Their postulate: Technology can help prove to the world, or at least to regulators, that you're no Enron.
In response to a Baseline question at the Berkshire Hathaway meeting, Buffett said relatively few changes are planned as a result of the new regulations. In May, for example, he added two non-Berkshire directors to his close-knit group of seven board members. They are two longtime business associates: Tom Murphy, former chairman and chief executive of Capital Cities/ABC, and Donald Keough, chairman of investment firm DMK International and a former Coca-Cola president.
"We have to do certain things because we're told to do them by statute, but I don't regard them as improving in any way the reporting system we have here at Berkshire," he says.
Buffett's low-tech information systems and hands-off management philosophy have at times proven costly.
In June 1998, Buffett announced a $21.7 billion deal to buy property and casualty reinsurer General Reinsurance for stock. The acquisition was a good fit with Berkshire's other insurance businesses and provided Buffett with more cash to invest.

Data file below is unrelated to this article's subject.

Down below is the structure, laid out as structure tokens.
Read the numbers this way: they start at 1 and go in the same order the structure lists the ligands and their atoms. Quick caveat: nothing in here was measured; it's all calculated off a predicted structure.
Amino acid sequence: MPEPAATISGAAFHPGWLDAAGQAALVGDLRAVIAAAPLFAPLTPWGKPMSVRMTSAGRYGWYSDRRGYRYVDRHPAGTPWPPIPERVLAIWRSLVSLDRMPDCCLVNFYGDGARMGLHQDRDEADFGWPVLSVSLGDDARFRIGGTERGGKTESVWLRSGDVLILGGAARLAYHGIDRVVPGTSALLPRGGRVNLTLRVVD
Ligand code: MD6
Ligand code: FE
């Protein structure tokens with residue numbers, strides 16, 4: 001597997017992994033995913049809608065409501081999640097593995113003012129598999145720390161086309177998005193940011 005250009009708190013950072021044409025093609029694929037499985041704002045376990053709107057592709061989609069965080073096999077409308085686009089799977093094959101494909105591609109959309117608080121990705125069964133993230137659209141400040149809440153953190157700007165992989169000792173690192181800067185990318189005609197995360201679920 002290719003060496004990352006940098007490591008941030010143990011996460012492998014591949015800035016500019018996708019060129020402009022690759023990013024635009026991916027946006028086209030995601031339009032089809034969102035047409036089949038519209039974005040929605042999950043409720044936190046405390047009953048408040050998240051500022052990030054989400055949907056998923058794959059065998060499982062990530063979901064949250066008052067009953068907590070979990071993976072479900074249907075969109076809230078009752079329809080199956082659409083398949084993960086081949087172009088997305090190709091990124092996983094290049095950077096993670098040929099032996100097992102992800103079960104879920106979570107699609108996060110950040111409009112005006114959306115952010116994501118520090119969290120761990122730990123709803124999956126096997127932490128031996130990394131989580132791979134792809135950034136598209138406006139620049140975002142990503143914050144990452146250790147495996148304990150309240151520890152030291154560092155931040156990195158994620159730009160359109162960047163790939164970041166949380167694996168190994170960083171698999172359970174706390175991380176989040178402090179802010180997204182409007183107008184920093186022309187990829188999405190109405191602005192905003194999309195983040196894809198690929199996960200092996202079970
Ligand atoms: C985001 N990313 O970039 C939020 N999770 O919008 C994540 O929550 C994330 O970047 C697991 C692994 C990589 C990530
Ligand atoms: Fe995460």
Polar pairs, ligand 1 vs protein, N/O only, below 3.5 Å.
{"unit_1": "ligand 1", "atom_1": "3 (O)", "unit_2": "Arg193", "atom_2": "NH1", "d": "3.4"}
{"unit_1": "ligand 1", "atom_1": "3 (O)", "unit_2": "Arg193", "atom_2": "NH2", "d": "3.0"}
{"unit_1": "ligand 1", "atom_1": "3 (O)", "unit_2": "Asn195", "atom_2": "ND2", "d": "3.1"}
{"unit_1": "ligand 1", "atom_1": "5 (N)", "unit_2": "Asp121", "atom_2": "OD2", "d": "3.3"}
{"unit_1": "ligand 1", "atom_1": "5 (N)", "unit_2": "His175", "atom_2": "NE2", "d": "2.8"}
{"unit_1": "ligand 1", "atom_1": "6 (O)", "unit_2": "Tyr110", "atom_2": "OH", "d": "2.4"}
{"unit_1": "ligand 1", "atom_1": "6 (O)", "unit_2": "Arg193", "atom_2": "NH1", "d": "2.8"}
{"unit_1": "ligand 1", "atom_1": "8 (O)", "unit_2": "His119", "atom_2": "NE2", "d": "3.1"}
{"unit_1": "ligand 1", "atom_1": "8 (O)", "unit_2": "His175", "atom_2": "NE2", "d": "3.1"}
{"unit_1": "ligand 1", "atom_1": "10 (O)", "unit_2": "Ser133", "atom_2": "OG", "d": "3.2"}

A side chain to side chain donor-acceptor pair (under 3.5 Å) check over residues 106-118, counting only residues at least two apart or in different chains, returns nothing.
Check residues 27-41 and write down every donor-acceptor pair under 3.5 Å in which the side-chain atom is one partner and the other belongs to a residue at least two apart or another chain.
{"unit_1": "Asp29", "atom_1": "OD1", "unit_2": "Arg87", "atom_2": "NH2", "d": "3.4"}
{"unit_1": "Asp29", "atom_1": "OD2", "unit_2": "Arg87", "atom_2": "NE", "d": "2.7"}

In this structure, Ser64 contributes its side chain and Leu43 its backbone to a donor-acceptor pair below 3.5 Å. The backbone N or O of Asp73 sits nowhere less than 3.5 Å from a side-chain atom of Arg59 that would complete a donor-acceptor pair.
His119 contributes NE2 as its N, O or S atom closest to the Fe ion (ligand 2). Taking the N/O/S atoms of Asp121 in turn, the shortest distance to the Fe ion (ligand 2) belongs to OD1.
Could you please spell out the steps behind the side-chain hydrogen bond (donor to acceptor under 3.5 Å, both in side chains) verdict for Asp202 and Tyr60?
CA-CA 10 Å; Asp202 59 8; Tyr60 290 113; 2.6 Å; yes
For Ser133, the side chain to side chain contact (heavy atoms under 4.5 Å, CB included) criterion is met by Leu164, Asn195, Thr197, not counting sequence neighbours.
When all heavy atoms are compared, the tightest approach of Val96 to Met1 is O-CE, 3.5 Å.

General Re came with a $15 billion float, which is money that the company holds against its liabilities but does not own. Buffett has invested the floats of Berkshire's insurance companies to reap much greater rewards than the company has had to pay out in insurance claims.
The problem was Buffett didn't realize General Re had taken on significant risks and was underpricing much of its policies to gain market share. Stephanie Eakins, a financial analyst at insurance rating service Weiss Ratings, says there is ample technology available to gauge a company's liabilities and risks against its reserves, from something as simple as a spreadsheet to more sophisticated systems such as executive dashboards.